Survey the Damage

Once the standing water is removed, survey your basement closer, and continue to document damage and take photos for insurance purposes. Immediately remove all moveable items to ensure your belongings and the basement can adequately dry out, be treated, or repaired.

Then get a jump start on drying and cleaning your basement with fans, dehumidifiers, heating, or air conditioning.

Call a Professional

Cleaning and sanitizing a flooded basement can be a complex and time-consuming job, and thanks to the high risk of mold and mildew, it’s often best to call in a professional.

Restoration of a flooded basement requires multiple professions: a plumber for a burst pipe, an electrician to rewire the basement, water damage restoration professionals, HVAC technicians, and mold removal professionals.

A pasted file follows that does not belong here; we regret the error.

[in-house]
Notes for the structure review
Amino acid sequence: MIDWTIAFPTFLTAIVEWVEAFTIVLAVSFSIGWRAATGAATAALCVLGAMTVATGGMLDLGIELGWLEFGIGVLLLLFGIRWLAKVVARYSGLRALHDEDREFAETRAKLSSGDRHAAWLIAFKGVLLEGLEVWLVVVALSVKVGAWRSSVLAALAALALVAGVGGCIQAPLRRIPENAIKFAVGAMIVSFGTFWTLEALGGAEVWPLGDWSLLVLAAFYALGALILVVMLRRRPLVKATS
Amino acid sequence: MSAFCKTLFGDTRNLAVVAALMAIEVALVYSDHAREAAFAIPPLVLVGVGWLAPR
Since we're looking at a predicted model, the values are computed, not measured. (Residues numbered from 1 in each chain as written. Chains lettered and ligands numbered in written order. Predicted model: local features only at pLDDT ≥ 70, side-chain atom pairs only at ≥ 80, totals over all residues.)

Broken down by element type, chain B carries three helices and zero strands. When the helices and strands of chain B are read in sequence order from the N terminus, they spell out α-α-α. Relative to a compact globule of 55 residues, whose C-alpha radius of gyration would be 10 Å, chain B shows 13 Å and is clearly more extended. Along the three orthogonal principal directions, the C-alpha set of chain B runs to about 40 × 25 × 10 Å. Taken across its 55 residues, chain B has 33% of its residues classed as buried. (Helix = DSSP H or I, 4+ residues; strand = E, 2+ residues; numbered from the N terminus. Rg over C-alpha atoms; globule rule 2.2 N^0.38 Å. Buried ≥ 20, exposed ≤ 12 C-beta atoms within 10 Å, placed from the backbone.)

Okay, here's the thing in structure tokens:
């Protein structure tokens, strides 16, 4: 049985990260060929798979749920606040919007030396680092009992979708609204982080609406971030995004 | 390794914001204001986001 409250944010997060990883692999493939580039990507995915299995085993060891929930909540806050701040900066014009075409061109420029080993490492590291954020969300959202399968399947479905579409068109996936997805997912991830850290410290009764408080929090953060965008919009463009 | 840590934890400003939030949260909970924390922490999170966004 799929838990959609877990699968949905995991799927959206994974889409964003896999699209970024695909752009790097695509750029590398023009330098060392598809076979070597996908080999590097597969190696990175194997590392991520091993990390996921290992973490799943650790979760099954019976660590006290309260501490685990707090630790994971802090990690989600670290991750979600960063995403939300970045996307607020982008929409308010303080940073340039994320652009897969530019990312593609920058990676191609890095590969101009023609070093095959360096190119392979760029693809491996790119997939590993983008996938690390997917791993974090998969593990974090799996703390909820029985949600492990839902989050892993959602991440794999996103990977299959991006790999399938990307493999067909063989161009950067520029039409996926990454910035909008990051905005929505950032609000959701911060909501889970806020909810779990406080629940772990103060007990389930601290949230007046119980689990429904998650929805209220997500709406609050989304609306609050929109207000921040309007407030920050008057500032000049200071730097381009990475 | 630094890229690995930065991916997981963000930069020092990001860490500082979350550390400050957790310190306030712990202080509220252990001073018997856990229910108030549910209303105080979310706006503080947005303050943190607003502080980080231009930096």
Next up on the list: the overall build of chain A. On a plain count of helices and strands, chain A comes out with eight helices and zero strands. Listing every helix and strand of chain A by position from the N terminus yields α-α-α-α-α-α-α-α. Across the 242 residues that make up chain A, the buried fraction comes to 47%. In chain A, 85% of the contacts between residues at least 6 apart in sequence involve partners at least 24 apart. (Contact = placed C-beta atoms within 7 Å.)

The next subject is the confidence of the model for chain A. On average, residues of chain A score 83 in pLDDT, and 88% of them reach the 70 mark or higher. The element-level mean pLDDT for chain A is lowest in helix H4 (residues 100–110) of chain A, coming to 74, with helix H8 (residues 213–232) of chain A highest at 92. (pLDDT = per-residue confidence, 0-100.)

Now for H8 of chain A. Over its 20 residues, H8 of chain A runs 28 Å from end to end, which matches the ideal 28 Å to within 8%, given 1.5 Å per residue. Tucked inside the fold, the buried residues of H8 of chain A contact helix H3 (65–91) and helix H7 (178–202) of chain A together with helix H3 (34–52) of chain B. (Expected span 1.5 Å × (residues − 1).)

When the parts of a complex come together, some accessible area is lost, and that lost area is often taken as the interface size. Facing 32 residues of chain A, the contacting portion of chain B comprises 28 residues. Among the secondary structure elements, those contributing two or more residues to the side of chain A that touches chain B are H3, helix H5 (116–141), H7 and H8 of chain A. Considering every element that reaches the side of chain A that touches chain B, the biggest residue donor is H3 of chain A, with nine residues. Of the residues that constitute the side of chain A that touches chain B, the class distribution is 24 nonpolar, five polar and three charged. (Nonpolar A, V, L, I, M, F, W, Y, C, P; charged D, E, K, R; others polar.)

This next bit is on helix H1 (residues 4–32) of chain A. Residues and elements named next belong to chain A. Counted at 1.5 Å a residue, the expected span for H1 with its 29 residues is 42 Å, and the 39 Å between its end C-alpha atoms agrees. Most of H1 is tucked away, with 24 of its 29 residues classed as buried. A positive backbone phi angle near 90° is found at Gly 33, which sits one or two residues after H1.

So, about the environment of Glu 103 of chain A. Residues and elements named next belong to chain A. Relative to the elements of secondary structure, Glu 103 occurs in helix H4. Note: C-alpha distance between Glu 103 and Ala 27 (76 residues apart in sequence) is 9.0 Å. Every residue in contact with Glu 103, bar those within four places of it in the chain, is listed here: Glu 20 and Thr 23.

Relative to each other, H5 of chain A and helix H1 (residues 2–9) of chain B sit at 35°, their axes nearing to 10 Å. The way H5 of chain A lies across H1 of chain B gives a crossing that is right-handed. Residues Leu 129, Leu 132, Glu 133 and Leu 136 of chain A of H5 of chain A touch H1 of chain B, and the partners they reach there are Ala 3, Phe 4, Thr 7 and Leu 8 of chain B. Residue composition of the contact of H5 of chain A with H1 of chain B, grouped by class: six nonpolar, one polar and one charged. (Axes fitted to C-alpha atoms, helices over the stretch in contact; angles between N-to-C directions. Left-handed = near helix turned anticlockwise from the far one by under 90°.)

Prevent a Basement Flood

Learning what to do when your basement floods before standing water becomes a problem is your best course of action to prevent it from happening in the first place.

Fortunately, there are several things you can do to keep your basement nightmares from coming true.

  1. Consider a roof replacement – Inspect your roof and take care of any issues immediately. A damaged roof could cause a flooded basement.
  2. Upgrade gutters and downspouts – A clean gutter is a working gutter. If you’re not a fan of cleaning out your gutters, consider investing in gutter guards. Our award-winning LeafFilter gutter guard system is guaranteed to keep debris from clogging inside your gutters. Downspouts may also need to be cleaned out and extended so the water runs further away from the house.
  3. Waterproof your basement – From interior coatings and sealants you apply to foundation walls, to exterior drain systems and dry wells that collect water and divert it away, waterproofing your basement is a proactive step that can help prevent a basement flood.